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Atomic Models

After the discoveries of electron, proton and neutron, scientists made efforts to understand their arrangement inside an atom. The arrangement of subatomic particles inside an atom is called an atomic model.

Thomson model : The British physicist J J Thomson presented his atomic model in 1898 which is also called watermelon model or raisin pudding model. According to this model :

1. The positive charge is uniformly distributed inside an atom.

2. The negative charge i. e. electrons are distributed in such a way that the atom becomes neutral.

Limitations of Thomson model : Thomson model was able to describe the neutrality of an atom but it didn’t answer many other questions like –

Why do only electrons involve in a chemical reaction?

Why are there electric and magnetic fields of an atom?

Rutherford’s nuclear atomic model : Rutherford presented his model in 1911 on the basis of his alpha scattering experiment.

Experiment : In this experiment a very thin (about 100 nm) gold foil was taken and it was bombarded with α particles. Gold foil was surrounded by a fluorescent screen of ZnS. A tiny flash of light is observed when α particles strike the screen.

Observations : In the experiment Rutherford made following observations :

I. Maximum α-particles pass through the foil undeflected.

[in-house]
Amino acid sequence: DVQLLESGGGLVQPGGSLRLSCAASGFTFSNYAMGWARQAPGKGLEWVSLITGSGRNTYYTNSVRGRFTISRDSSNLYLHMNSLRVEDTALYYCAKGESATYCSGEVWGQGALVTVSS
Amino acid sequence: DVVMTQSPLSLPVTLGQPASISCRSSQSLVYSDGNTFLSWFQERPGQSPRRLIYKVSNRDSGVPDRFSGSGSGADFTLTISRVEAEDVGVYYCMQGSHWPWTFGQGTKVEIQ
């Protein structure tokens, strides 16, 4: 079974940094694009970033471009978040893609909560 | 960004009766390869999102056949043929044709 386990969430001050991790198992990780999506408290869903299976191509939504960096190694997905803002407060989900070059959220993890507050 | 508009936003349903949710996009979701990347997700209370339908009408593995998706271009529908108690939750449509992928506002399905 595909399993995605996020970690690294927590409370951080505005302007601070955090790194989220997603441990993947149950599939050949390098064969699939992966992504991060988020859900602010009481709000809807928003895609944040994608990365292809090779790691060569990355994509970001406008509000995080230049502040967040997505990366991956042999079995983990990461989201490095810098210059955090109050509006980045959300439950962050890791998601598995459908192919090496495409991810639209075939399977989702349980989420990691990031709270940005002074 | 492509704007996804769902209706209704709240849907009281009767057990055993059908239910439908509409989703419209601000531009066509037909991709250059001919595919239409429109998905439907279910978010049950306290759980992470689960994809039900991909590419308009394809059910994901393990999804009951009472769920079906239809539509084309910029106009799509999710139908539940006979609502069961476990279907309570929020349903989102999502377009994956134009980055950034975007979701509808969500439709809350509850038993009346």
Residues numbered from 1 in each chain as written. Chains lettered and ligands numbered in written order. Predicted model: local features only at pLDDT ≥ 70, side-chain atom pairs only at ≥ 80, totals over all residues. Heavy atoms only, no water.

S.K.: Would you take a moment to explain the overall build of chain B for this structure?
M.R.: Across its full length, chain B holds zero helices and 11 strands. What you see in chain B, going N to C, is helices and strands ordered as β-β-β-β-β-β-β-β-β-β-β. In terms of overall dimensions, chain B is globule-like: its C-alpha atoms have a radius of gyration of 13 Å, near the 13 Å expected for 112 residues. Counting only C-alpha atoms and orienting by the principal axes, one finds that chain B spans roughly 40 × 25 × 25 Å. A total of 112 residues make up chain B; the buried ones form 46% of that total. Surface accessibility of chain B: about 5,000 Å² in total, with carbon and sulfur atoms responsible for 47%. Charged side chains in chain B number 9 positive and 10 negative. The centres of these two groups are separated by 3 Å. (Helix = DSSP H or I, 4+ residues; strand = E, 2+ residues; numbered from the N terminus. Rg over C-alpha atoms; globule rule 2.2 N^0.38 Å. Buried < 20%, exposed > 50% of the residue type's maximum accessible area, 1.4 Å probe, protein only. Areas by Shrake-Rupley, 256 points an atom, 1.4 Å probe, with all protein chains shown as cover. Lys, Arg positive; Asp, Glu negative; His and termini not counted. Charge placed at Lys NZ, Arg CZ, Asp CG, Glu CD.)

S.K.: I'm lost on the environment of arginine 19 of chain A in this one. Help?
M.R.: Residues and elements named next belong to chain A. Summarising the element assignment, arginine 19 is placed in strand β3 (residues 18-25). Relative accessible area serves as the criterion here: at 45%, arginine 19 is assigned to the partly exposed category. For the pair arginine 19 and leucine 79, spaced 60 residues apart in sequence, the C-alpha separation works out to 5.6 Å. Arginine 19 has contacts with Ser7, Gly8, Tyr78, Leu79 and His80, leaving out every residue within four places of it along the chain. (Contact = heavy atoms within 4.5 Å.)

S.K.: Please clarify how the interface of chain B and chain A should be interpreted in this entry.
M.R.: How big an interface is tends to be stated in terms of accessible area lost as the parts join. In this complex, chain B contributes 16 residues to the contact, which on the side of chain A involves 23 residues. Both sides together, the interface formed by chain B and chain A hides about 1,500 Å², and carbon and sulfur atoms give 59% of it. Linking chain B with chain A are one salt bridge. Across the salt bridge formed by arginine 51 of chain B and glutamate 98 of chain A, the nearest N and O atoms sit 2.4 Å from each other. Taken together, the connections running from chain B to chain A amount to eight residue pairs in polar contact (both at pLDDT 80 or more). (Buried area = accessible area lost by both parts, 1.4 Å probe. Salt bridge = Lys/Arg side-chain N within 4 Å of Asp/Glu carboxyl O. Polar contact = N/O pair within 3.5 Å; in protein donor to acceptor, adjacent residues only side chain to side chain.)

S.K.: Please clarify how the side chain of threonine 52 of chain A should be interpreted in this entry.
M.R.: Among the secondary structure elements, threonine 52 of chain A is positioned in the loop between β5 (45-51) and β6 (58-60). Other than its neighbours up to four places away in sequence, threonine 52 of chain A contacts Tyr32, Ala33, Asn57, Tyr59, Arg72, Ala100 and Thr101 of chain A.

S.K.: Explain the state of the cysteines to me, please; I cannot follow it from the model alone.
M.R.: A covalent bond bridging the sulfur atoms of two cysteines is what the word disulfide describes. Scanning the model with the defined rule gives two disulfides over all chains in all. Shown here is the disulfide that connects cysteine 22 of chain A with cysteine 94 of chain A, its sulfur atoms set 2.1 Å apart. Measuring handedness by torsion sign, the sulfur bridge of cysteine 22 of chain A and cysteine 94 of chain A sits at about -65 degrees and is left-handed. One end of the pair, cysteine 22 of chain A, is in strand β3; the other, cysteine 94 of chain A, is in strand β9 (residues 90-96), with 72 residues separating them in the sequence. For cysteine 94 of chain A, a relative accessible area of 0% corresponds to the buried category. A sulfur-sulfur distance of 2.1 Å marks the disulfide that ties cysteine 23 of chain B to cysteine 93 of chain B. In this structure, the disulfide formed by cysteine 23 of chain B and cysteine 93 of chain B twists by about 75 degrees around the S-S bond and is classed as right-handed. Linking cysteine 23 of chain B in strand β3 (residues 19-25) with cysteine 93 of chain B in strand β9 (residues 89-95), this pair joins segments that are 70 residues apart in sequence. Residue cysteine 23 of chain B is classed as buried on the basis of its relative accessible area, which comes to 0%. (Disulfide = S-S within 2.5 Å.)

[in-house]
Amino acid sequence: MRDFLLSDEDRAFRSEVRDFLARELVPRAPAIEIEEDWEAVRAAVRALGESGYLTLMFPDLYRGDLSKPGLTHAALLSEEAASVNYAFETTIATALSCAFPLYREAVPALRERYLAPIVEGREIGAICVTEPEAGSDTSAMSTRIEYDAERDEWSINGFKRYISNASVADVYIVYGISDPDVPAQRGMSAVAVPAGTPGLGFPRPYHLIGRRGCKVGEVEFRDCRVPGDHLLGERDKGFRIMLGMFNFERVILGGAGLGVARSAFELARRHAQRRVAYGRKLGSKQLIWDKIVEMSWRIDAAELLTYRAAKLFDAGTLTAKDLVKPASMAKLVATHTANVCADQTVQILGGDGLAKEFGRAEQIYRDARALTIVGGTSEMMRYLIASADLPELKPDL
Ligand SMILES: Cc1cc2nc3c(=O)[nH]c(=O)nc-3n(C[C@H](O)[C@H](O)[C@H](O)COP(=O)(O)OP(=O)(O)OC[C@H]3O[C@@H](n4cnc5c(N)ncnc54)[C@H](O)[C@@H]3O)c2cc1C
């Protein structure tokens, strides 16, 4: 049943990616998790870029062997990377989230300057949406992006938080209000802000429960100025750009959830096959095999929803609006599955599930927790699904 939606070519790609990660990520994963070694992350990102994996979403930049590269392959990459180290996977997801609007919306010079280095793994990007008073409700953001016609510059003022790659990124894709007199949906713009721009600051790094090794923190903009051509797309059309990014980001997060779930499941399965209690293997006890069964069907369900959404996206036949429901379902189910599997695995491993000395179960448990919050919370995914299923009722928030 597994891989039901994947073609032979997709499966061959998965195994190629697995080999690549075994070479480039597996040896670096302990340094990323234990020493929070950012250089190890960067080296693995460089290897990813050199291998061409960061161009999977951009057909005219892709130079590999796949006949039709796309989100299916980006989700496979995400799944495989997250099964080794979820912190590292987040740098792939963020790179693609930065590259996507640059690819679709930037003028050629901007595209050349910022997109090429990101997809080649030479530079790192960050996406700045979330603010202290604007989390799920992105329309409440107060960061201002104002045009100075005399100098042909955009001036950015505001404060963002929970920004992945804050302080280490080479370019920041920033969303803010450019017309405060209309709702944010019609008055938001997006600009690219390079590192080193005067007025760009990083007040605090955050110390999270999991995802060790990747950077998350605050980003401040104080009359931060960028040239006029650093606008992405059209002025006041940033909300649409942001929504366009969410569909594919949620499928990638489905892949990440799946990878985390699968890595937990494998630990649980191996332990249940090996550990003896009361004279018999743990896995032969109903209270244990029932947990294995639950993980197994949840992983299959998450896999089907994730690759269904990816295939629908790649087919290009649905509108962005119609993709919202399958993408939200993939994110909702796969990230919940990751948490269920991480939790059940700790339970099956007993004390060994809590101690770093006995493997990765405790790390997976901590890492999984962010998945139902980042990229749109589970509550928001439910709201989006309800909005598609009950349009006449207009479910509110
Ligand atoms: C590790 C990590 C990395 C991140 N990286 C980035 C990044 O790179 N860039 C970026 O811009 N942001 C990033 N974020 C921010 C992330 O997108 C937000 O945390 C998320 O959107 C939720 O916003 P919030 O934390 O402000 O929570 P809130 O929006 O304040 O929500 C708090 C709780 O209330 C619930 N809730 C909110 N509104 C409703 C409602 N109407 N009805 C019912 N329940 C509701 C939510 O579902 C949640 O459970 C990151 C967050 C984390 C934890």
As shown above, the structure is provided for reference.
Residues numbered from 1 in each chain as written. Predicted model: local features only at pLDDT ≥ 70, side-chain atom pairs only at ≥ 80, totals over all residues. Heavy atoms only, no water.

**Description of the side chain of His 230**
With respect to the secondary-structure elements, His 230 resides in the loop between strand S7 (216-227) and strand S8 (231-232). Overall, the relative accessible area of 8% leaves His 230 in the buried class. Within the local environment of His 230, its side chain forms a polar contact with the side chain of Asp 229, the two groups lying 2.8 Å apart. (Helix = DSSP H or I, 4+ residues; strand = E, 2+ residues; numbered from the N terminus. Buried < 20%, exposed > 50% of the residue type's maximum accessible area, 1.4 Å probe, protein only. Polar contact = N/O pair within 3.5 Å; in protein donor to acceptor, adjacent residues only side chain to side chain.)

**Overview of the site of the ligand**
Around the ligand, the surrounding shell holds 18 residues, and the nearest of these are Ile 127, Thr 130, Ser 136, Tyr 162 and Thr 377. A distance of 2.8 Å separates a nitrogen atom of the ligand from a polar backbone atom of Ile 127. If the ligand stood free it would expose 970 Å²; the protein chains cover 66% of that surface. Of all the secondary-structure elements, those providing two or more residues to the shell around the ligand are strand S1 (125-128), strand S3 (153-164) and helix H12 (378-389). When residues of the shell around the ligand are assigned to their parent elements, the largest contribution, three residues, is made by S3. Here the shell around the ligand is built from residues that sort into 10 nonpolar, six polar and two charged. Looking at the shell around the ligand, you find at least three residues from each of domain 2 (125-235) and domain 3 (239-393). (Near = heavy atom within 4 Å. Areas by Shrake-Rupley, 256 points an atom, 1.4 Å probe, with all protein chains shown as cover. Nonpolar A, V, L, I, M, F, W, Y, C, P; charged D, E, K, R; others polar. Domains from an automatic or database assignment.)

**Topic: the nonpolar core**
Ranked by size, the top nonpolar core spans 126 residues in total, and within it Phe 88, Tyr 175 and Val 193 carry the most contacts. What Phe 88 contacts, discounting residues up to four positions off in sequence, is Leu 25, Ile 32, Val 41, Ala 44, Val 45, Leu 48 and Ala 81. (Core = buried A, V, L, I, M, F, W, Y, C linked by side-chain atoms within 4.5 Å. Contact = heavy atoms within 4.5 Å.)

II. A few α-particles are deflected with small angles.

III. A very few α-particles (1 in 20000) bounced back.

Conclusions : On the basis of above observations, Rutherford made some conclusions given below :

I. Most of α-particles pass without any deflection. It means that maximum space inside an atom is vacant.

II. Few α-particles are deflected. It means that there is a small positive charge in the centre of an atom and α-particles face repulsion.

Bohr’s atomic model for Hydrogen: In 1913, Neils Bohr presented his model for Hydrogen atom on the basis of his research and experiments. The postulates of his atomic model are as follows:

1. The electron moves on a circular path called an orbit. Orbits can also be called stationary states or energy states because they have fixed energy. All orbits are concentric and have fixed radius with nucleus as the centre.

2. In an orbit, the energy of an electron is fixed. But, when it jumps from the lower energy state to the higher one, it absorbs energy. It loses energy when it falls from the higher energy state to the lower one.

Quantum mechnical model : To answer many questions which were not entertained by Bohr’s model, another model was presnted by Shrodinger which is called Quantum mechanical model. The postulates of this model were as follows :

1. Electrons show dual nature i.e. particle and wave nature.

2. To find the correct location and velocity of an electron simultaneously is not possible.

3.

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